Tuesday 17 September 2019

Commissioner scored own goal by dodging questions on PIRA's existence

Garda Commissioner Noirin O'Sullivan
Garda Commissioner Noirin O'Sullivan
Paul Williams

Paul Williams

The incendiary disclosure by the Police Service of Northern Ireland that they believe the IRA had an organisational role in the murder of former Provo Kevin McGuigan is potentially embarrassing for the Garda Commissioner Nóirín O'Sullivan.

In February, Ms O'Sullivan sent a letter of comfort to Sinn Féin which the party's propaganda machine has milked for all it's worth.

She said that gardaí "have no information or intelligence to support the assertion that the Provisional IRA still maintains its military structure".

Ms O'Sullivan's comments effectively discredited the investigative work by Sunday Independent journalist Jim Cusack into the IRA-controlled fuel laundering and smuggling rackets in south Armagh.

The Commissioner was also repudiating solid information from many sources, including customs officers on both sides of the border, local people, the PSNI and her own Garda colleagues.

When she wrote her letter, Ms O'Sullivan should have been aware of the disturbing allegations of sex abuse and Sinn Féin/IRA cover ups by Paudie McGahon which were being investigated by gardaí in Louth.

Sinn Féin, which due to their shared histories never loses an opportunity to discredit An Garda Siochána, was understandably delighted with the Commissioner's letter and has been using it to demonise anyone who dares question the nexus between the party and its terrorist friends.

However, a month after becoming the Shinner's most favourite top cop, Ms O'Sullivan was conspicuously reticent when she appeared before the Dail's Justice Committee.

The Commissioner pointedly refused to give a coherent answer when she was repeatedly asked if she believed that the Provisional IRA still exists.

Senator James Heffernan asked Ms O'Sullivan for a "yes or no answer" to the question in the context of her letter to Sinn Féin.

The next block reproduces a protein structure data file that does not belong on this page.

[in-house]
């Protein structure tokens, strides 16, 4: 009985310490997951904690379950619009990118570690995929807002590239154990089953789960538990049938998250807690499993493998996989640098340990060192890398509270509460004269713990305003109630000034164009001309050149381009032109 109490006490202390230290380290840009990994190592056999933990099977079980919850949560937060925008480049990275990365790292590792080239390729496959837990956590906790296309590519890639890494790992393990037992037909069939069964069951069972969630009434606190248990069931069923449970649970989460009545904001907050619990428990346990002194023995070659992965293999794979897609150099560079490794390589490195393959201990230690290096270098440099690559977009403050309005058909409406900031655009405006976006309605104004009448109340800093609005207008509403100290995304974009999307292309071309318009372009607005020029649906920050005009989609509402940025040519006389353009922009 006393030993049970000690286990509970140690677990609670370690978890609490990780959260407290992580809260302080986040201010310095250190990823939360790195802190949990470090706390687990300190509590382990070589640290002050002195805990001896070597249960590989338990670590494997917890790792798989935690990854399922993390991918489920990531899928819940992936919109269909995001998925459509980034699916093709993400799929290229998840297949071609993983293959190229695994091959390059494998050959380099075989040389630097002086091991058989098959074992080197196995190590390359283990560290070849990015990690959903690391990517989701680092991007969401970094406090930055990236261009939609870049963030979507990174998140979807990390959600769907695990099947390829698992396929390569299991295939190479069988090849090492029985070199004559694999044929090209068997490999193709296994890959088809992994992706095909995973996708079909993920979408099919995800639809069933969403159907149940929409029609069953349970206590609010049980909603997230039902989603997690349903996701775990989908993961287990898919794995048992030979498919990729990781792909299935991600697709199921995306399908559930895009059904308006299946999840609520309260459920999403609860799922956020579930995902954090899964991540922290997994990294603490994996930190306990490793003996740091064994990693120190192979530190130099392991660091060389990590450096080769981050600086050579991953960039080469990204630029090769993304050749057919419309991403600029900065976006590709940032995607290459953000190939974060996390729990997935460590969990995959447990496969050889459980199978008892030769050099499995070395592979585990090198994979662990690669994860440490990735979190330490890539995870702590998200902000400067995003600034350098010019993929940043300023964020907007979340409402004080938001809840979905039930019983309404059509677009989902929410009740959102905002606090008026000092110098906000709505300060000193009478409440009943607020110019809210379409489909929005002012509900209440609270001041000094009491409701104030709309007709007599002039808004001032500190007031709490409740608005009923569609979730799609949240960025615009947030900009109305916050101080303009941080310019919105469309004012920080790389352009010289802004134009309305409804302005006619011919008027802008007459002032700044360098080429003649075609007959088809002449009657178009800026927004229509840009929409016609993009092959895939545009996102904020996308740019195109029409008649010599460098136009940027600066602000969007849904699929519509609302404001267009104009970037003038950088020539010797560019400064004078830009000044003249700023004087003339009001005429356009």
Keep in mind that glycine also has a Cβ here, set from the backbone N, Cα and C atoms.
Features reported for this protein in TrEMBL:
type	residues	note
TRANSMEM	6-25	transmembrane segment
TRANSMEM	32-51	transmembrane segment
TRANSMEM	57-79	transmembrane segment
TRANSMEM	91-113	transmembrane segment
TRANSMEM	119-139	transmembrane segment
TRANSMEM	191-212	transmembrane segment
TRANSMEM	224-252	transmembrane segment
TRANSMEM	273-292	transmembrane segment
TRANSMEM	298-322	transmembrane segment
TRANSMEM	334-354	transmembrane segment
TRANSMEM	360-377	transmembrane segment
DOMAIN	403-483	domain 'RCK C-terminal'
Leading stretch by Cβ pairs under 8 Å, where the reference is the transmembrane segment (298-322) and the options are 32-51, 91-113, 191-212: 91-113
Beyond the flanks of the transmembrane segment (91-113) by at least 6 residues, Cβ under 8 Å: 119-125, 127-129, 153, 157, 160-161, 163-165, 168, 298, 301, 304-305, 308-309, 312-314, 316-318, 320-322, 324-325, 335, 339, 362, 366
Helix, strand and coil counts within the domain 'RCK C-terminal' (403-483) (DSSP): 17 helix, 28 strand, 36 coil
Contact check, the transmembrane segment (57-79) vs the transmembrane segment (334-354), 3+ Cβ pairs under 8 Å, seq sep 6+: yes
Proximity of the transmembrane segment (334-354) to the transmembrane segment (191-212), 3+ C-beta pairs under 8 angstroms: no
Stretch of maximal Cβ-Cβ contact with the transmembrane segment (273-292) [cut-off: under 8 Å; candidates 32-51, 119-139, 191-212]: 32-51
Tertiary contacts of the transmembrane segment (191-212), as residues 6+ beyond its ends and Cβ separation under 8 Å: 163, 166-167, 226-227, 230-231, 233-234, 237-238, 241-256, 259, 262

The senator said it was "frustrating" that the commissioner would not give a simple reply.

Instead, Ms O'Sullivan said: "We will investigate anybody or any group of individuals that are involved in any type of organised crime or terrorism and we will continue to do that."

That is why this week's more direct remarks about the IRA by a senior PSNI officer will cause discomfort for Ms O'Sullivan.

The weight of the words of Det Supt Kevin Geddes that "a major line of inquiry for this investigation is that members of the Provisional IRA were involved in this murder" were not uttered lightly and can not be underestimated.

The chilling implication is that after almost 20 years since the ceasefire, the organisation that was supposed to have gone away for good can, apparently, murder at will.

This, after all, comes from a police force that has been emasculated by the complex political sensitivities of the North where they are sandwiched between two political ideologies.

The victims of IRA violence, murder, and rape which took place since the ceasefire have accused the PSNI of putting political imperatives above making the terrorists amenable to the law. The McCartney sisters, whose brother Robert was murdered by an IRA mob in a Belfast pub in 2005, and rape victim Mairia Cahill, who was subjected to a Provo kangaroo court, have all expressed their lack of faith in the beleaguered police force.

But this time there was no obfuscation or demurral from the information in the hands of the PSNI.

Which is why the Garda Commissioner should reassess her force's intelligence-gathering abilities.

The net effect of the years of austerity on our national police force has been a depletion of resources and personnel. Several senior garda officers have spoken to the Irish Independent of their frustration that they no longer have enough officers or squad cars to adequately patrol the border.

Such a scenario may explain why the Commissioner has "no information" about the racketeering Provos who can roam free on the frontier between north and south.

And while there may be a dearth of activity when it comes to investigating supposedly non-existent terrorists, the same can not be said of Ms O'Sullivan's efforts to prevent the media learning of what's really happening from her officers.

One consequence of such an atmosphere of fear-induced silence is that the public will remain ignorant of what is really going on around them - until it is too late.

Irish Independent

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